Asked about the controversy, the White House’s McEnany drew a comparison between the company’s stance toward Iran and the position it has taken toward controversial tweets by US President Donald Trump, some of which which have recently received warning labels and other restrictions from the company for violating its rules.

“I thought it was very eye opening and it tells you where these social media companies stand, where they’re not willing to assess the Ayatollah Khomeini’s tweets but they are willing to assess President Trump’s tweets,” McEnany said.

Iran’s Supreme Leader Ayatollah Ali Khamenei addresses the nation in a televised speech, April 9, 2020. (Office of the Iranian Supreme Leader via AP)

“It’s really appalling and it just speaks to their overwhelming, blinding bias against conservatives and against this president,” she added.

McEnany noted that the administration was seeking to take action, submitting a petition to the Federal Communications Commission “to hold social media companies accountable for their censorship” by making them liable to “civil lawsuits for their own speech, fact checks and de-platforming.”

Ylwa Pettersson, Twitter’s head policy for the Nordic countries and Israel, told the Knesset’s Committee for Immigration, Absorption and Diaspora Affairs, via video-conference Wednesday: “We have an approach toward leaders that says that direct interactions with fellow public figures, comments on political issues of the day, or foreign policy saber-rattling on military-economic issues are generally not in violation of our rules.”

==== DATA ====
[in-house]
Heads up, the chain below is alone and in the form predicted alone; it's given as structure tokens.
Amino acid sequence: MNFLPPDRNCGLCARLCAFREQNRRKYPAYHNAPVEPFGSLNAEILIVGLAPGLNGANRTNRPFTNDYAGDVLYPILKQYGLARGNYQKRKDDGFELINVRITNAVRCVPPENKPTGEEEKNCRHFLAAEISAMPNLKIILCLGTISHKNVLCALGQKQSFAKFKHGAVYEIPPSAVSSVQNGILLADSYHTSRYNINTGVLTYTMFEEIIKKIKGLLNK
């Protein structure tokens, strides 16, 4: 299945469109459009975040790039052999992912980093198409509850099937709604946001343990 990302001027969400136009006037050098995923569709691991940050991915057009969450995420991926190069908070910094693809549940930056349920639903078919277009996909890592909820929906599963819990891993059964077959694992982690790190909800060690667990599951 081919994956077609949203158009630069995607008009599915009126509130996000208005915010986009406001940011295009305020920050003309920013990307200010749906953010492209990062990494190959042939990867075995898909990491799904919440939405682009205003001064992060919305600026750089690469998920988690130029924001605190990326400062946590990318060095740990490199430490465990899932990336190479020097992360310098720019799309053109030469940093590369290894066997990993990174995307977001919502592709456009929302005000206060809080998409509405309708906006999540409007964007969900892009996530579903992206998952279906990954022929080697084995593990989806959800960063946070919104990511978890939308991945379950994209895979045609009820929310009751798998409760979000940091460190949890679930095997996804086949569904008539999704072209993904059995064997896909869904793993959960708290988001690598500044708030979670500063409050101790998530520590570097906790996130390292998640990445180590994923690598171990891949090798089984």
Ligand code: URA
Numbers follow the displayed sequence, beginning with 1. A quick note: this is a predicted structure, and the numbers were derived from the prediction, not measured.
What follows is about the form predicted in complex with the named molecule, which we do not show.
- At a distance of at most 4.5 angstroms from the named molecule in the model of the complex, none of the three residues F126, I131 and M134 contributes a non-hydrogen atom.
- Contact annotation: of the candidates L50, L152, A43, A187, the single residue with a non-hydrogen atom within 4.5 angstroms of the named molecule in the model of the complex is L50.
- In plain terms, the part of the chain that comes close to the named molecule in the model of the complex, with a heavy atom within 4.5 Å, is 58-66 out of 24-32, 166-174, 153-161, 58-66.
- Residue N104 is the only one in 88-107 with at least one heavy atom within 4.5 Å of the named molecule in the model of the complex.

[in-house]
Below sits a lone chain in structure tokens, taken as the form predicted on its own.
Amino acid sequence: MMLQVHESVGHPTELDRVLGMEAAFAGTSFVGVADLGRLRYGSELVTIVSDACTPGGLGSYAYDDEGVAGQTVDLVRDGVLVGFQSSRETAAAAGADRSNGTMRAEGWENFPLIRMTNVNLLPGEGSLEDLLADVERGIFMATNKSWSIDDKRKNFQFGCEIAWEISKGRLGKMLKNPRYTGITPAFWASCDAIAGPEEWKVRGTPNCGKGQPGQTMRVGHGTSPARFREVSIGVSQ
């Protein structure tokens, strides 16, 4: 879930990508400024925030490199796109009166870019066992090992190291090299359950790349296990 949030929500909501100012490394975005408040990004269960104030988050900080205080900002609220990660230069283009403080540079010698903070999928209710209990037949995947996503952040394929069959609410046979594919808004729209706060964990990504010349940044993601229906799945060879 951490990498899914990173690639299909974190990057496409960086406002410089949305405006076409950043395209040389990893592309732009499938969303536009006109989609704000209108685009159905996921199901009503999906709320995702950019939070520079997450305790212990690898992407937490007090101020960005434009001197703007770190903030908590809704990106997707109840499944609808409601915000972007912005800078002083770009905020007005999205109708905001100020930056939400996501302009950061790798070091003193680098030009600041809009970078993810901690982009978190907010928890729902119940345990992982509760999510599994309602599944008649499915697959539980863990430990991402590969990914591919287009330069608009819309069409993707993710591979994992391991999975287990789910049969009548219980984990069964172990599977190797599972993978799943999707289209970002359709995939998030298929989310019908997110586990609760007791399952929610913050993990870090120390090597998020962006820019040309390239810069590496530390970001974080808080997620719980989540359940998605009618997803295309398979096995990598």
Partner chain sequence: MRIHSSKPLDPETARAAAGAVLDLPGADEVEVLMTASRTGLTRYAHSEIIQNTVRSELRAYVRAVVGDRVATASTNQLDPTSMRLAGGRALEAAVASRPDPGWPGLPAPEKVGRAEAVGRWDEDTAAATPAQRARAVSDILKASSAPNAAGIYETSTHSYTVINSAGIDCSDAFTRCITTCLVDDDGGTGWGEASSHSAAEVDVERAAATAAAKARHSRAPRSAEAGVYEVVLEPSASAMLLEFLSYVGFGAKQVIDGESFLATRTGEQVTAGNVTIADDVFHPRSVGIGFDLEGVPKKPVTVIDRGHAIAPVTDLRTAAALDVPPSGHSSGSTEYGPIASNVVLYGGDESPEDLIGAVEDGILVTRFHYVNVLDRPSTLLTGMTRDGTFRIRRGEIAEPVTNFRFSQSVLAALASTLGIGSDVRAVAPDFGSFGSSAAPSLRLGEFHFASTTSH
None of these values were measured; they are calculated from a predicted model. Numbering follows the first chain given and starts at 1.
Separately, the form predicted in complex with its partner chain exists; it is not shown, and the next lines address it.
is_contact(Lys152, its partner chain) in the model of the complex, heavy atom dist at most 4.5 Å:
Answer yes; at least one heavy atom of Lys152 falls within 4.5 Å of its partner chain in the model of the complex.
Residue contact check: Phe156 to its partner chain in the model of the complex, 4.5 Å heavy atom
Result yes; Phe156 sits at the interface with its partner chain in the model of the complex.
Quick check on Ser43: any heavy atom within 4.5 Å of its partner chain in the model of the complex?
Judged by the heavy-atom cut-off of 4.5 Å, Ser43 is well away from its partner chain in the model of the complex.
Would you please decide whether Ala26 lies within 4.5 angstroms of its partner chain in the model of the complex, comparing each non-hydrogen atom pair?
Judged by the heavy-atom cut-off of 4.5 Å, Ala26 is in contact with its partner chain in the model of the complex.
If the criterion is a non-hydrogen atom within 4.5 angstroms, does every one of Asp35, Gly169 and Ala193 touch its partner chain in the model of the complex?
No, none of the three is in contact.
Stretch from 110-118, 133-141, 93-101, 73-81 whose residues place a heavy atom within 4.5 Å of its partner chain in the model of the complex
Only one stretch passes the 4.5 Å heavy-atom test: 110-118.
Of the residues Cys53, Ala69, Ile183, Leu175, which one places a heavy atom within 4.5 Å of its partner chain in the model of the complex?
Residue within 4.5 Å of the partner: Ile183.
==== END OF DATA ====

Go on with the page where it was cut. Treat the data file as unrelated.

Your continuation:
She was responding to a question by pro-Israel activist Arsen Ostrovsky, who had asked why Twitter attached a special label to a recent tweet by  Trump noting that it violated the company’s rules, while the Iranian leaders’ many tweets about his wish for Israel to be destroyed are left untouched.

On May 29, Twitter for the first time attached a warning label to Trump’s tweet about the riots that broke out in the US following the killing of George Floyd.

“I just want to fine-tune [Ostrovsky’s] question: Calling for genocide on Twitter is okay, but commenting on the political situation in certain countries is not okay?” asked MK Michal Cotler-Wunsh, who was leading the discussion.